Vettel, Red Mist And Brain Chemistry

By Tom Martin

June 28, 2017

You, who are on the road

Must have a code

That you can live by

If you watched the 2017 F1 race in Azerbaijan, you saw an incident between Lewis Hamilton and Sebastian Vettel before one of the re-starts. In case you missed it, or would like to review, here is some video footage:

Niki Lauda, who may not qualify as an independent observer, said what was in many people's heads: "Vettel is a decent guy, normally; this I don't understand, because he's crazy." Christian Horner said that Vettel "had a Tourette's moment". Lauda also said "It's strange – he freaked out."

But is it hard to understand? Abnormal? An exceptional moment?

We think not. This happens to drivers all the time. It is so common that we have a term for "a feeling of extreme anger that clouds one's judgment temporarily" -- red mist.

The origins of the term red mist relate to a 19th century hypothesis that increased blood flow to the head during exciting activities led to anger. It is now more commonly related to elevated levels of the hormone adrenaline (epinephrine) in the blood, which are part of the body's response to stress and exercise. Research shows that adrenaline heightens your sense of fear and that it also increases memory retention for the events that trigger the fear as well as setting off other physiological responses (e.g. elevated heart rate and vasoconstriction). We often summarize this as the "fight or flight" response.

Since racing is stressful, and pretty much every driver experiences elevated adrenaline levels (often on pre-grid), and we know that the hormone affects emotional response and memory of events, it is hard to say that Vettel's response was "strange" in the literal sense of "unusual". Was it stupid? Yes. Was crashing into another car an extreme move? Yes. But having an angry "fight" reaction? Par for the course.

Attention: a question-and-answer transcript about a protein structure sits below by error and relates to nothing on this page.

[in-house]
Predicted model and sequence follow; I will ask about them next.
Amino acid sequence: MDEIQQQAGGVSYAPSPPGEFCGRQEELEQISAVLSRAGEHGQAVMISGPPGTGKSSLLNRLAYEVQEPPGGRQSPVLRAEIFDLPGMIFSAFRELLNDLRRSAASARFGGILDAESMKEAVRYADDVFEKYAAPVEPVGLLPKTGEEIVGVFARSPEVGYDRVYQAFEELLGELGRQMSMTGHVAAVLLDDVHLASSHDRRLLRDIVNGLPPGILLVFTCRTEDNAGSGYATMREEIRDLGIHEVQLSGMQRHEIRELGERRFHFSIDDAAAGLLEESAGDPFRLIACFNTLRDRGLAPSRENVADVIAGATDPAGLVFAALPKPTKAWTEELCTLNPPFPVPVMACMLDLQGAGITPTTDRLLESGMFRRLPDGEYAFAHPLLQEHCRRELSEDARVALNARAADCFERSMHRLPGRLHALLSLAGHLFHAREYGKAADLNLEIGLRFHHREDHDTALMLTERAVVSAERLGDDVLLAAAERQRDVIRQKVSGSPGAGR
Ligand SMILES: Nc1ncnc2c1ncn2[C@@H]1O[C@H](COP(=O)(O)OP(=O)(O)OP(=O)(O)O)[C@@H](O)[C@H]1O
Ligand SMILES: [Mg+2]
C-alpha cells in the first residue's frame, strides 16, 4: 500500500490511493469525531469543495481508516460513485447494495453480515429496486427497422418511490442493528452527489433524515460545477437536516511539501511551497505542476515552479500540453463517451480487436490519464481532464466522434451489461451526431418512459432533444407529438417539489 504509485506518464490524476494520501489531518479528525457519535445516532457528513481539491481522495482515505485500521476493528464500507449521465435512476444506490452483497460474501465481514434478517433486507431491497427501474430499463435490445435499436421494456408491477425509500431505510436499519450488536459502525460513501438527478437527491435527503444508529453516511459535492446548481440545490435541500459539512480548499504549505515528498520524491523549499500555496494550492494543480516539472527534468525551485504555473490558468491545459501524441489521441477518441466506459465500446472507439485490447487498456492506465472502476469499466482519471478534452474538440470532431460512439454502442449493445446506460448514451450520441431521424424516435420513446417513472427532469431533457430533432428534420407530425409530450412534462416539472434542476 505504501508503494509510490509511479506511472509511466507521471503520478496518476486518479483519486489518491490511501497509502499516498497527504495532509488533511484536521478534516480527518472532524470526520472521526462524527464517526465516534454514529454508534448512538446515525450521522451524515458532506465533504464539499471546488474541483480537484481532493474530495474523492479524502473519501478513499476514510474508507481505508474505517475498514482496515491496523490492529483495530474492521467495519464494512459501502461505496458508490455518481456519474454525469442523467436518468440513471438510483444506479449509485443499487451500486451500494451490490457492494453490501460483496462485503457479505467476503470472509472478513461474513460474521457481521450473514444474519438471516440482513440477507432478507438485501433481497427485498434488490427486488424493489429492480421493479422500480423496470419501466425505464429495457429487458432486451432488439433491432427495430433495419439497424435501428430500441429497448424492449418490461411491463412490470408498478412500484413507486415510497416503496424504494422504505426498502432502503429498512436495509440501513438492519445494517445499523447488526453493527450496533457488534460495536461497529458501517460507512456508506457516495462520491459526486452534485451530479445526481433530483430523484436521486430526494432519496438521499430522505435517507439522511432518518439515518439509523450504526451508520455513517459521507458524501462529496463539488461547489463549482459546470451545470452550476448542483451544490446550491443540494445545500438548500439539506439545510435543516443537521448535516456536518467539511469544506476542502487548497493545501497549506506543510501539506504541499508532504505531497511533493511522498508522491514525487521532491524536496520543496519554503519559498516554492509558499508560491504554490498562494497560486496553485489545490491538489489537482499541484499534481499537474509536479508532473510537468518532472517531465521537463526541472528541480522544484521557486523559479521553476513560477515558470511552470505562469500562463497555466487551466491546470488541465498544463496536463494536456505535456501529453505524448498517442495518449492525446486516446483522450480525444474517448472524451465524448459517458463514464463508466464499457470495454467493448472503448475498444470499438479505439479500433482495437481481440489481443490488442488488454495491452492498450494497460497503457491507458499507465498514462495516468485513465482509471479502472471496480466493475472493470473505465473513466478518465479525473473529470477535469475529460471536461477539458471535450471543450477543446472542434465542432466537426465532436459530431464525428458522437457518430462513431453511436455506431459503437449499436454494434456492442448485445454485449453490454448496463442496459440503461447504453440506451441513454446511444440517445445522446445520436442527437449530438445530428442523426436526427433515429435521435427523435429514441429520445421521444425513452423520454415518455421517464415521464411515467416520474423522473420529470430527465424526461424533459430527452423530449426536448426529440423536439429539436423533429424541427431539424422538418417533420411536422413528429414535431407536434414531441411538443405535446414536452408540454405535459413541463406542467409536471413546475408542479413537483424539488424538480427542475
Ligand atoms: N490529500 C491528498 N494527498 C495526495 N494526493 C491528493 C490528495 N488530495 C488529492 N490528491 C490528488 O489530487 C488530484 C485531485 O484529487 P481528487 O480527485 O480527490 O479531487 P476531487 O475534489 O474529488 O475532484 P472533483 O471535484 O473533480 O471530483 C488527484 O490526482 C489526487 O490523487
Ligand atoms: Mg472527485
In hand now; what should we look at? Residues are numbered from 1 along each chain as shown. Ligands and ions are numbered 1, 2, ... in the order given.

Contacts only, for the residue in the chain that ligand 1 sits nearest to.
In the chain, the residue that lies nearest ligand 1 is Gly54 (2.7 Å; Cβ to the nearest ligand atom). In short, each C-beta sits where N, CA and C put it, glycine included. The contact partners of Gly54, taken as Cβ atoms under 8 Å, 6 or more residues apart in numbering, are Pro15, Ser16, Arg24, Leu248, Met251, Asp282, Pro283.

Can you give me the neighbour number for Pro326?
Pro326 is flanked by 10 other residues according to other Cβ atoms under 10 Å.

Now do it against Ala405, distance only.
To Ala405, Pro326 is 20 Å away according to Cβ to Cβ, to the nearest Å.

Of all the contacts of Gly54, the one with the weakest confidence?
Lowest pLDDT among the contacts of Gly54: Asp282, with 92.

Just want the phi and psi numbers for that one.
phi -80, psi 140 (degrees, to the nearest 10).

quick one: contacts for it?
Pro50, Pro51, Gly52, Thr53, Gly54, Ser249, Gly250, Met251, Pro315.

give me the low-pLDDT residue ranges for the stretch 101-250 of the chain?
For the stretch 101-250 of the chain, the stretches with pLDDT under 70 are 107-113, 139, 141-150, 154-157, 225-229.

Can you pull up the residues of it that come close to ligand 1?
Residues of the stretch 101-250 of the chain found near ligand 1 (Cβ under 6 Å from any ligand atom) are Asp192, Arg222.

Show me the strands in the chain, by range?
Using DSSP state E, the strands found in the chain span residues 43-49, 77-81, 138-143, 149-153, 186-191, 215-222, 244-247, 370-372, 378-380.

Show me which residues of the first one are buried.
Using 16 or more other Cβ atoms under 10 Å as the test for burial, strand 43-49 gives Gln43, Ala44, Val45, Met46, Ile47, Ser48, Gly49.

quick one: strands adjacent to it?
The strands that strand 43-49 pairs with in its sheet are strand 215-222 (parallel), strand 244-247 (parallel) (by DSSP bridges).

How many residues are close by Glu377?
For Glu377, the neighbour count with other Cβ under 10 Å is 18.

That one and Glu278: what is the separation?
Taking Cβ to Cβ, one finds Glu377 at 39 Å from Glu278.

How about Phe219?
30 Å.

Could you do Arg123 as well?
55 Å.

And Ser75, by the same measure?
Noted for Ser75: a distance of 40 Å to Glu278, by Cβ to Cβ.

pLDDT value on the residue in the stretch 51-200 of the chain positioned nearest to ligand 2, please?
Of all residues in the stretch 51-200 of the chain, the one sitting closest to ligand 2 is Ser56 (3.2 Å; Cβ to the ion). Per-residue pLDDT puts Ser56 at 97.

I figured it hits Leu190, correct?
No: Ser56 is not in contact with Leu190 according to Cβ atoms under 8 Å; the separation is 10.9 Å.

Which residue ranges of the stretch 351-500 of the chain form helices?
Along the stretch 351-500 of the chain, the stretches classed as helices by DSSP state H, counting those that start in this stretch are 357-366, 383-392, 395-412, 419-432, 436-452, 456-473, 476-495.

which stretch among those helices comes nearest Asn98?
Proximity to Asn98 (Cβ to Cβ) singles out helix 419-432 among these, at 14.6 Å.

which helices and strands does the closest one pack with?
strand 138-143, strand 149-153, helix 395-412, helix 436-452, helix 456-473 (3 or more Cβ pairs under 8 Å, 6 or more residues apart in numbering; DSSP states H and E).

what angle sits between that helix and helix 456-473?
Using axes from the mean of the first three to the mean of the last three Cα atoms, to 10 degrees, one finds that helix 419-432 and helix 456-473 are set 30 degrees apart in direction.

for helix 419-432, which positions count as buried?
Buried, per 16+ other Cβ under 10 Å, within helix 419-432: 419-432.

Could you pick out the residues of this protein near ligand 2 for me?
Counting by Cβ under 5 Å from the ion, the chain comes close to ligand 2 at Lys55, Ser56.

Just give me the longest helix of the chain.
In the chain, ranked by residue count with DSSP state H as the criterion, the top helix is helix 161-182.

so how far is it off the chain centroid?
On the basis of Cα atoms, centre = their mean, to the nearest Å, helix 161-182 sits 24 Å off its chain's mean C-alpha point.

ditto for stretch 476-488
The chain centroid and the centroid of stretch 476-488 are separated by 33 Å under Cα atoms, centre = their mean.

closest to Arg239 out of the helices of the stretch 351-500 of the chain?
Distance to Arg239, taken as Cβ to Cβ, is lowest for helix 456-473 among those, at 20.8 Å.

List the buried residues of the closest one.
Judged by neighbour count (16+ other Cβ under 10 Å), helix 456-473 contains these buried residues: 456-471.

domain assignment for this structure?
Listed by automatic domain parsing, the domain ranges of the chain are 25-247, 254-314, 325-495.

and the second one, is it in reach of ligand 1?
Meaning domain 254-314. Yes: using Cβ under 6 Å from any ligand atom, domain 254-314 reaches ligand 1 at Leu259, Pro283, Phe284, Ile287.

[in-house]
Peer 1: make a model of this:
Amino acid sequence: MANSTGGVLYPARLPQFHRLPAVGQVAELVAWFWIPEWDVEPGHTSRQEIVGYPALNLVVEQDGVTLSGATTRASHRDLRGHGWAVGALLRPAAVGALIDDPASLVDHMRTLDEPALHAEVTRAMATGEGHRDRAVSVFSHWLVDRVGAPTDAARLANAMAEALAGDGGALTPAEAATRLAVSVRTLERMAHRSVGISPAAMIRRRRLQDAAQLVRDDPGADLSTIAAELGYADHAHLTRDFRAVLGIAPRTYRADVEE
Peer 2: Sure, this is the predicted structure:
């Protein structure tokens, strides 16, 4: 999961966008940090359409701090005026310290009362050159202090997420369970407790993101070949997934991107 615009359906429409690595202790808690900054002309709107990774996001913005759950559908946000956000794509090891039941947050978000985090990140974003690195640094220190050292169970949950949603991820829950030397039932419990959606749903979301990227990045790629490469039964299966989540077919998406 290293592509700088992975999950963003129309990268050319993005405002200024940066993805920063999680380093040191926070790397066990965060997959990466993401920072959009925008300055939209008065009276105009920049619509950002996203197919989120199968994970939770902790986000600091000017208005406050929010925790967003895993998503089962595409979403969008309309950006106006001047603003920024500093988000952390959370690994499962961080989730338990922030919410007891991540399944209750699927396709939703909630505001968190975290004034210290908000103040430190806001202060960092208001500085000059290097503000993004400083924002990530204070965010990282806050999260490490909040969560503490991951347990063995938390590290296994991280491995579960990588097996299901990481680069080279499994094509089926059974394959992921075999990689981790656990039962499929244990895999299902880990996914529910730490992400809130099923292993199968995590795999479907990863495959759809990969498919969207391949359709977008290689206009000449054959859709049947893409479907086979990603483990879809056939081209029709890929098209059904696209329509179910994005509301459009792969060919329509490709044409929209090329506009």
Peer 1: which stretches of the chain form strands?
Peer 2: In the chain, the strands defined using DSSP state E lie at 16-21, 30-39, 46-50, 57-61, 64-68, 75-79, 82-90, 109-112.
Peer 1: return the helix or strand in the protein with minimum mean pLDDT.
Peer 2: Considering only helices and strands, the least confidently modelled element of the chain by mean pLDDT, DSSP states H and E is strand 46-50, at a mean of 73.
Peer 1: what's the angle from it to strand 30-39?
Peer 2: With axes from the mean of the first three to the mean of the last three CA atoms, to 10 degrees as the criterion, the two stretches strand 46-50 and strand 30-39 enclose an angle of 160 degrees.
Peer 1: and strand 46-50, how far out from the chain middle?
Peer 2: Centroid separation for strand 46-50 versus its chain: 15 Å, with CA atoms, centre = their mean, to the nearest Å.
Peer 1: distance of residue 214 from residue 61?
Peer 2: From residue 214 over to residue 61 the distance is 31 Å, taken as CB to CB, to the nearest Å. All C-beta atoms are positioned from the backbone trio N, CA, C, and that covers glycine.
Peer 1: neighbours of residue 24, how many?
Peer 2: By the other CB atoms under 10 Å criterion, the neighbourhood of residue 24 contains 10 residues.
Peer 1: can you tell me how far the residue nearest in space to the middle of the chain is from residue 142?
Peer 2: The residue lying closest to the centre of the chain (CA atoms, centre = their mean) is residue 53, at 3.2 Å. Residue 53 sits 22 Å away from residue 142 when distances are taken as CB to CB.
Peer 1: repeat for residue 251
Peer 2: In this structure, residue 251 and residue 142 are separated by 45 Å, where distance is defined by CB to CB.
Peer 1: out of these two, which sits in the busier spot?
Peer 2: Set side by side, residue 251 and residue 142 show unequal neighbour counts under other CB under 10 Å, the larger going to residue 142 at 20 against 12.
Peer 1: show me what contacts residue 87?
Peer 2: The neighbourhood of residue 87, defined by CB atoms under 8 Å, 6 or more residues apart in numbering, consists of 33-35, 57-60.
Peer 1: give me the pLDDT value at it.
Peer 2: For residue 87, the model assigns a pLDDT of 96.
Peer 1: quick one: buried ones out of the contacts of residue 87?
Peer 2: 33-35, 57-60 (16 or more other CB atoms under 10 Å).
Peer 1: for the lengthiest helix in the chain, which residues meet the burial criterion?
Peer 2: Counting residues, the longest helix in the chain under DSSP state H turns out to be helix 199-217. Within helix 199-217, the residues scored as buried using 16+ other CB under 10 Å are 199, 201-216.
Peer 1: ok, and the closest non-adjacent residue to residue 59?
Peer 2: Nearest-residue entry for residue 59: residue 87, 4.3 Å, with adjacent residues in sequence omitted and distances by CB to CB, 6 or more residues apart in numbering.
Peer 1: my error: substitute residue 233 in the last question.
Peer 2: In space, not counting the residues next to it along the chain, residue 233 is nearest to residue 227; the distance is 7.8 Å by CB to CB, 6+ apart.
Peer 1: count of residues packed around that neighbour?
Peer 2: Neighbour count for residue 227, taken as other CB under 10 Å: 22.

As it happens, on the weekend of the Azerbaijan GP, one of our drivers was subject to multiple incidents in which other drivers freaked out and had "Tourette's moments". Our support staff, ever desirous of driver development, reviews each incident in the hope of learning. From this recent analysis, and many others, we suggest two iron rules that drivers abide by:

  1. Rule 1: If you are upset during a race, wait a minimum of 1 hour after the race before speaking to another driver about the incident (or ramming his/her car). This gives time for your hormones to go back to normal.
  2. Rule 2: Assume that you don't know everything about the incident, and that you may never know because there may not be video of the whole event.

 

Rule 1 is pretty obvious. You just have to practice it until it is a habit. But we have often been surprised by the drivers who do not follow rule 1 and set off a long, involved, colorful stream of profanity directed at others. This isn't helpful to paddock culture and generally isn't met with open arms. It is embarrassing when Rule 2 bites you.

Rule 2 comes into play with surprising regularity. Racing is a complex activity, and what you see from the cockpit often is't more than a fraction of what is going on.

As an example, we recently were part of an incident with five drivers. They were in cars A, B, C, D and E, running closely together (1-3 feet apart). We were in car E. Entering a high speed turn, car E bumped car D while slightly offset, and car D spun and lost a few positions. The driver and crew chief of car D were very unhappy with the driver of car E. Unkind words were said. But upon further review, we see that car B bumped car A, causing him to start a spin in front of car C. Car C braked to avoid the spinner, and car D hit the rear of car C. Car D then bounced back into car E, was hit and then spun.

Without understanding this sequence, we can understand why driver D was upset with driver E. And yet, driver E is really not at fault in any way we can think of (it is not a fault to be on the track driving normally). Not following Rule 2 led to hard feelings between two drivers who were both caught in an incident not of their own making.

"Wait an hour, you don't know everything" is a pretty easy code for drivers (and crew) to memorize. Those who try, and sometimes fail to remember, are human. They apologize for over-reacting. Those who don't try are likely to be blamers who need to find another sport. On another planet.